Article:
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Queen Elizabeth II has died. What Happens now?

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Queen Elizabeth II at a Royal Carriage in London
A state funeral, which will start at 11 am (BST), will be held for Queen Elizabeth II at Westminster Abbey on Monday | Photo: Mark de Jong

It was delivered sombrely by the BBC News presenter Huw Edwards at six thirty Thursday evening, read directly from the palace statement: “the Queen died peacefully at Balmoral this afternoon.”

After ninety six years of life, and seventy of public service as monarch of the United Kingdom and fourteen other realms, Queen Elizabeth II passed away in comfort at the Scottish home she loved so much.

And whatever your thoughts on the royal family, the succession, the commonwealth – it’s difficult to deny that she was a profoundly hard worker. Only two days before her death, she had held an audience with Liz Truss, the fifteenth prime minister to serve under her rule.

And now, those audiences, and so many other responsibilities, pass onto her son, King Charles III.

Many Britons lived their whole lives under her rule.

Watching the cricket on Saturday morning, and hearing the England team join soprano Laura Wright and an emotional Oval crowd proclaim ‘God Save the King’, it was clear, to me at least – we were at the end of an era.

More so than when we found that the pub had switched coverage of football for Sky News. More so than when BT Sport began running the same advert before halftime at Zurich. Sitting in my shed, the intensity of the sounds and images repeating again and again, matching the chaos as we quickly went on our phones to find out as much as we could.

Forgive me if this sounds insensitive, contextualising the death of an old woman, a loyal public servant, in scenes of cricket, football, adverts and the pub. But I only mention it because I’ll probably never forget the course of events.

Me, a British citizen, a subject of the crown, going to Aldi to pick up Swiss beer, while 500 miles away the wheels of history are turning. My whole life, the whole lives of our parents spent under her rule. And my pedestrian adventures will now be remembered with historic reverence.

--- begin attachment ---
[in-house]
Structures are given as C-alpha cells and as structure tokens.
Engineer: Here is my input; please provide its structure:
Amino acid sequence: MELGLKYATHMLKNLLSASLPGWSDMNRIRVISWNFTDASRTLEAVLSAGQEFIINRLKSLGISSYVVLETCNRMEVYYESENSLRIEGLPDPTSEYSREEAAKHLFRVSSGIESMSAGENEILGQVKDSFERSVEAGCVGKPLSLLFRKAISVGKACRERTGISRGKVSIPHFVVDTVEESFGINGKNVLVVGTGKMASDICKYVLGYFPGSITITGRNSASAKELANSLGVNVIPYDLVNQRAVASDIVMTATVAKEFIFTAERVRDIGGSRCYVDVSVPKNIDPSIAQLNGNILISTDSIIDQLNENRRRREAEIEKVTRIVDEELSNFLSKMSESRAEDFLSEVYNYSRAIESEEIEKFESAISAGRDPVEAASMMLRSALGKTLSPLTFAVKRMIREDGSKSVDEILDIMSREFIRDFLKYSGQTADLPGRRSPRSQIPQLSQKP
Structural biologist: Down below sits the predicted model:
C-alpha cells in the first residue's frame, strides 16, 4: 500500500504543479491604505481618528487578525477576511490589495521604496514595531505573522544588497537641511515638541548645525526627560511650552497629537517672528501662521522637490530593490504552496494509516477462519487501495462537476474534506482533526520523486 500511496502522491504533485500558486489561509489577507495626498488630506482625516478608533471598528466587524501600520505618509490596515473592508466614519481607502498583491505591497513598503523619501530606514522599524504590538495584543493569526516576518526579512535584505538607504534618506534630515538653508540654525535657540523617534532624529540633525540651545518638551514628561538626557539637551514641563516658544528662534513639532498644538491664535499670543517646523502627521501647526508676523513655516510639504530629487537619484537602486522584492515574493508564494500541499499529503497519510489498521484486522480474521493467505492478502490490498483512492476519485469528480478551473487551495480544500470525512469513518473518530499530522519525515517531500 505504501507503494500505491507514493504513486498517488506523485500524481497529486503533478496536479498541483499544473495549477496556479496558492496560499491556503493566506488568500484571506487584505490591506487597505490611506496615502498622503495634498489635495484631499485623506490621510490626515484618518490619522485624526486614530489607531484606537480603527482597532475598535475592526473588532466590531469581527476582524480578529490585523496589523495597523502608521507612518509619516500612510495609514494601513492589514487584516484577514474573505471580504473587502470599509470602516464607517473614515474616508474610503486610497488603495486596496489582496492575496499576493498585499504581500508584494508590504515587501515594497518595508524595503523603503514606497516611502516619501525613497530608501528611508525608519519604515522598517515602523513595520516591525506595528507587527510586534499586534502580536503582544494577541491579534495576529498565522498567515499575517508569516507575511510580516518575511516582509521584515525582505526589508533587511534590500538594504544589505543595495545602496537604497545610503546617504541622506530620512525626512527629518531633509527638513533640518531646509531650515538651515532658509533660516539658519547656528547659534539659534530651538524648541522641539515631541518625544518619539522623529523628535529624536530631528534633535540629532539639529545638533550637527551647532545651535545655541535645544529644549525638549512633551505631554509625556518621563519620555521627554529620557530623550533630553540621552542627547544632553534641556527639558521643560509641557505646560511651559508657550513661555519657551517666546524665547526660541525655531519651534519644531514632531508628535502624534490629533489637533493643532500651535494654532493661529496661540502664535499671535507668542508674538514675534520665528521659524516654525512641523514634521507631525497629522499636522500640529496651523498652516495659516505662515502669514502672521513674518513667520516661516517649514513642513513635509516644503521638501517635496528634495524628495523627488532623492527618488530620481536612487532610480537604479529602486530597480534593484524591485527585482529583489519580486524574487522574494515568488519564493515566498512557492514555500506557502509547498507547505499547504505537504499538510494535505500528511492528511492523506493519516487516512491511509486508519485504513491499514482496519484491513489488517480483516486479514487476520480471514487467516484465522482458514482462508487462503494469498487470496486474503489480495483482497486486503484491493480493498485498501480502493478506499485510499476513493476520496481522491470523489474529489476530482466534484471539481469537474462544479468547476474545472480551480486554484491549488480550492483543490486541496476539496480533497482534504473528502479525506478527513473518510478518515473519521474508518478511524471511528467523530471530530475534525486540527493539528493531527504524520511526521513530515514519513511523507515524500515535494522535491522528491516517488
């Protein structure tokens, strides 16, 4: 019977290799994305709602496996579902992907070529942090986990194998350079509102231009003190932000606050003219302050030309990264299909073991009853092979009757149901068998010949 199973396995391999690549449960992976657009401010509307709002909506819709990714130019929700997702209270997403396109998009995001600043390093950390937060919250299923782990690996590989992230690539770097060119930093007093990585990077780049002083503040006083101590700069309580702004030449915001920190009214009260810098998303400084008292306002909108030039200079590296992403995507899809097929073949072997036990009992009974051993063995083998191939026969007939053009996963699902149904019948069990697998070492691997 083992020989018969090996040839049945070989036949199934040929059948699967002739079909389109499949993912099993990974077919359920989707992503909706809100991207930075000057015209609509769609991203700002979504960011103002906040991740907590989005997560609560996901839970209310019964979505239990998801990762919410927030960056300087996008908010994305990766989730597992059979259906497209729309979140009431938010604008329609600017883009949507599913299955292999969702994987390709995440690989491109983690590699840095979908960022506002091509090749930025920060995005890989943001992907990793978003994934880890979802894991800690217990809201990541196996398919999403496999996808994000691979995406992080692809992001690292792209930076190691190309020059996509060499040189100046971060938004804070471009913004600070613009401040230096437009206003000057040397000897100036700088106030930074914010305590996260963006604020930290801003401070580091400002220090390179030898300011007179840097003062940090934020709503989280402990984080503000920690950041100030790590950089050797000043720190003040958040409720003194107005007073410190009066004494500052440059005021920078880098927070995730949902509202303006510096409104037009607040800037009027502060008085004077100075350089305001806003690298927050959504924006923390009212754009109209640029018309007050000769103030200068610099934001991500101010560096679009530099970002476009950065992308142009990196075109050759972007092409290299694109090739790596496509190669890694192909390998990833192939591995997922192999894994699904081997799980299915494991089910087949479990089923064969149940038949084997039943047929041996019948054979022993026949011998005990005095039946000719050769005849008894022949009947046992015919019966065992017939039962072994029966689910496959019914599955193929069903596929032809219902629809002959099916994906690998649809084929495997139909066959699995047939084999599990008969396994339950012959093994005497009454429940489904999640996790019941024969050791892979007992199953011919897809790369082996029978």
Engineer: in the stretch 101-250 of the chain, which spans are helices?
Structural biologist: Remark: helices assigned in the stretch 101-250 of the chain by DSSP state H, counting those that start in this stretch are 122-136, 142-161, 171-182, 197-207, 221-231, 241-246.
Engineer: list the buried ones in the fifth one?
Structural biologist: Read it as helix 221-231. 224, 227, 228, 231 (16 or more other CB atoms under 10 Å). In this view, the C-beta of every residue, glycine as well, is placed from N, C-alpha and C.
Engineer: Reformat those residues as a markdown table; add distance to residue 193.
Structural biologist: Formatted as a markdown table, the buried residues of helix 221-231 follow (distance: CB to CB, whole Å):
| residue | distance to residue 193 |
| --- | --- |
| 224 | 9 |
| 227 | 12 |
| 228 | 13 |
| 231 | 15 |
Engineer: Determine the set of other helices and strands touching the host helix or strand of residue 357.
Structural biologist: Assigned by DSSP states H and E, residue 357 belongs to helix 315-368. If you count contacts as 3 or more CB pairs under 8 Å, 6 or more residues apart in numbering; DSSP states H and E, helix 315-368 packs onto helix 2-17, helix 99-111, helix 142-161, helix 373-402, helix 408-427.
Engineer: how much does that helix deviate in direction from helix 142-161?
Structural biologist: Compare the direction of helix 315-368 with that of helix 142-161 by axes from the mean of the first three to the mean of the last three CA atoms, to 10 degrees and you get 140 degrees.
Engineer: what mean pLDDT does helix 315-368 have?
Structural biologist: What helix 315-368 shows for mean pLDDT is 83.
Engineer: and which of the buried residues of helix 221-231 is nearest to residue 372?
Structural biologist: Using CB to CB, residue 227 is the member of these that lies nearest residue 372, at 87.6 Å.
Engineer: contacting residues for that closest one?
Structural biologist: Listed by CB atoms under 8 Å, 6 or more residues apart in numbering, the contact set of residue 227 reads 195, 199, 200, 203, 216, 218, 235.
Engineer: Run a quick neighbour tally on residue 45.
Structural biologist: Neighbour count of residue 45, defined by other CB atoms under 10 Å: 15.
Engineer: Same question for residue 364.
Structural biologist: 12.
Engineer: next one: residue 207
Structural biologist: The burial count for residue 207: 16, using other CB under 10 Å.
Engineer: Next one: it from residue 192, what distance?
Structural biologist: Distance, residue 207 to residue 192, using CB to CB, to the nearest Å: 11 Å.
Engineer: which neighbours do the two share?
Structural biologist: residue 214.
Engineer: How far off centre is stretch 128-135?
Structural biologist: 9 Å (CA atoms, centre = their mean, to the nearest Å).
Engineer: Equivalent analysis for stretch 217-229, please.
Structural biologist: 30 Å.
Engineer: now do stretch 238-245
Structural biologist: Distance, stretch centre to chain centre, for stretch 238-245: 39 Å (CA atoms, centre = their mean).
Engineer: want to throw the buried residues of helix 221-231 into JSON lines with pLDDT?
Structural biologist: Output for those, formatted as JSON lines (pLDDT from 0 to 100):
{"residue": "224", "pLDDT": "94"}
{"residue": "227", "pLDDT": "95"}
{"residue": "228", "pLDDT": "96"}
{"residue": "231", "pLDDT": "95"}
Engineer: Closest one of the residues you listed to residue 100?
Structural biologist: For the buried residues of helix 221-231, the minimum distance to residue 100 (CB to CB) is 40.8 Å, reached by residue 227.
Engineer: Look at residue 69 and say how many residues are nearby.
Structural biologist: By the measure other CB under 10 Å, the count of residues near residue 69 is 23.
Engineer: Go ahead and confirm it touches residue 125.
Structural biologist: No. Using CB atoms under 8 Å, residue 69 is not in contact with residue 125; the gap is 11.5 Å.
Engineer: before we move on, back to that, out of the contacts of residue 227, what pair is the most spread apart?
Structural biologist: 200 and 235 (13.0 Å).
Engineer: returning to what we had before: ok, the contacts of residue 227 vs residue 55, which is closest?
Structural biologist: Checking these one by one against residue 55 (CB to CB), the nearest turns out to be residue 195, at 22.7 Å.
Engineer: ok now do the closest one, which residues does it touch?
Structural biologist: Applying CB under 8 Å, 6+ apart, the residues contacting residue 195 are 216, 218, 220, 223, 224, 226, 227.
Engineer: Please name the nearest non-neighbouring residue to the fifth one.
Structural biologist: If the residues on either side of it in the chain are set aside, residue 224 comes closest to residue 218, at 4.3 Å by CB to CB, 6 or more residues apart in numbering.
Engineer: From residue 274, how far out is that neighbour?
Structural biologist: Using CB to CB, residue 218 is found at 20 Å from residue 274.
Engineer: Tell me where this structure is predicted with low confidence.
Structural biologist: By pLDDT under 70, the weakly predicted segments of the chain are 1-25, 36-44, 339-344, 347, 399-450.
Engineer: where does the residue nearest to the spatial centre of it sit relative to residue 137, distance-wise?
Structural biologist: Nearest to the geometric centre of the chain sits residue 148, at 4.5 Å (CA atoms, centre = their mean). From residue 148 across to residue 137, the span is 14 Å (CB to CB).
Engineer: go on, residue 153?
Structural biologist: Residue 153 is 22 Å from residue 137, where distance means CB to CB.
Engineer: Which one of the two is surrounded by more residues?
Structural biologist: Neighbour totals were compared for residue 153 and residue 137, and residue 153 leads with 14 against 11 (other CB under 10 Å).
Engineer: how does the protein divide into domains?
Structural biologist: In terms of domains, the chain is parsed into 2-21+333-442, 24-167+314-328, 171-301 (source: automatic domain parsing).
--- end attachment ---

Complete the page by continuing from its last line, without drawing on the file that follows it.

As of Friday, we’ve entered ten days of mourning, so I’ll stop there. They’ll be plenty of time to reflect and analyse the public reaction to events, and no doubt a raft of think pieces and hot taxes until the circus that is Twitter packs up and leaves town. So now, let’s look to the immediate future, the week ahead.

What can we expect in the week leading up to the funeral?

As I’m writing this, the King, and the Queen’s other children are following their mother’s coffin through the streets of Scotland’s capital, Edinburgh. From there, on Thursday the 13th, her body will return to Buckingham Palace in London.

That morning, King Charles and Queen Consort Camilla will travel to Northern Ireland. Their third of four state visits to the constituent countries of the United Kingdom.

The next day, the precession will move from Buckingham Palace to Westminster Hall, the heart of British government, in view of crowds, and as the Queen lays in state for four days, members of the public will be allowed to visit the coffin. London braces for congested travel and an appropriately massive police presence to deal with the crowds.

On Friday, the King will travel to Wales, the country where he once held the title of Prince, now bestowed onto his son William, on his final visit to the four nations of the UK.

I’ll be travelling to London on Monday, the day of the Queen’s funeral. It’s been declared a bank holiday, which means many of us won’t have to work. The funeral is to begin at 11, and will be attended by dignitaries from across the world, as well as representatives of the various charities the queen supported. Then, the procession continues to Windsor Castle – her favourite home – where a committal service will take place, and Queen Elizabeth, after 70 years of constant, dedicated service, will finally be laid to rest.

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BBC World Service chief resigns amid ‘deep concern’ about cuts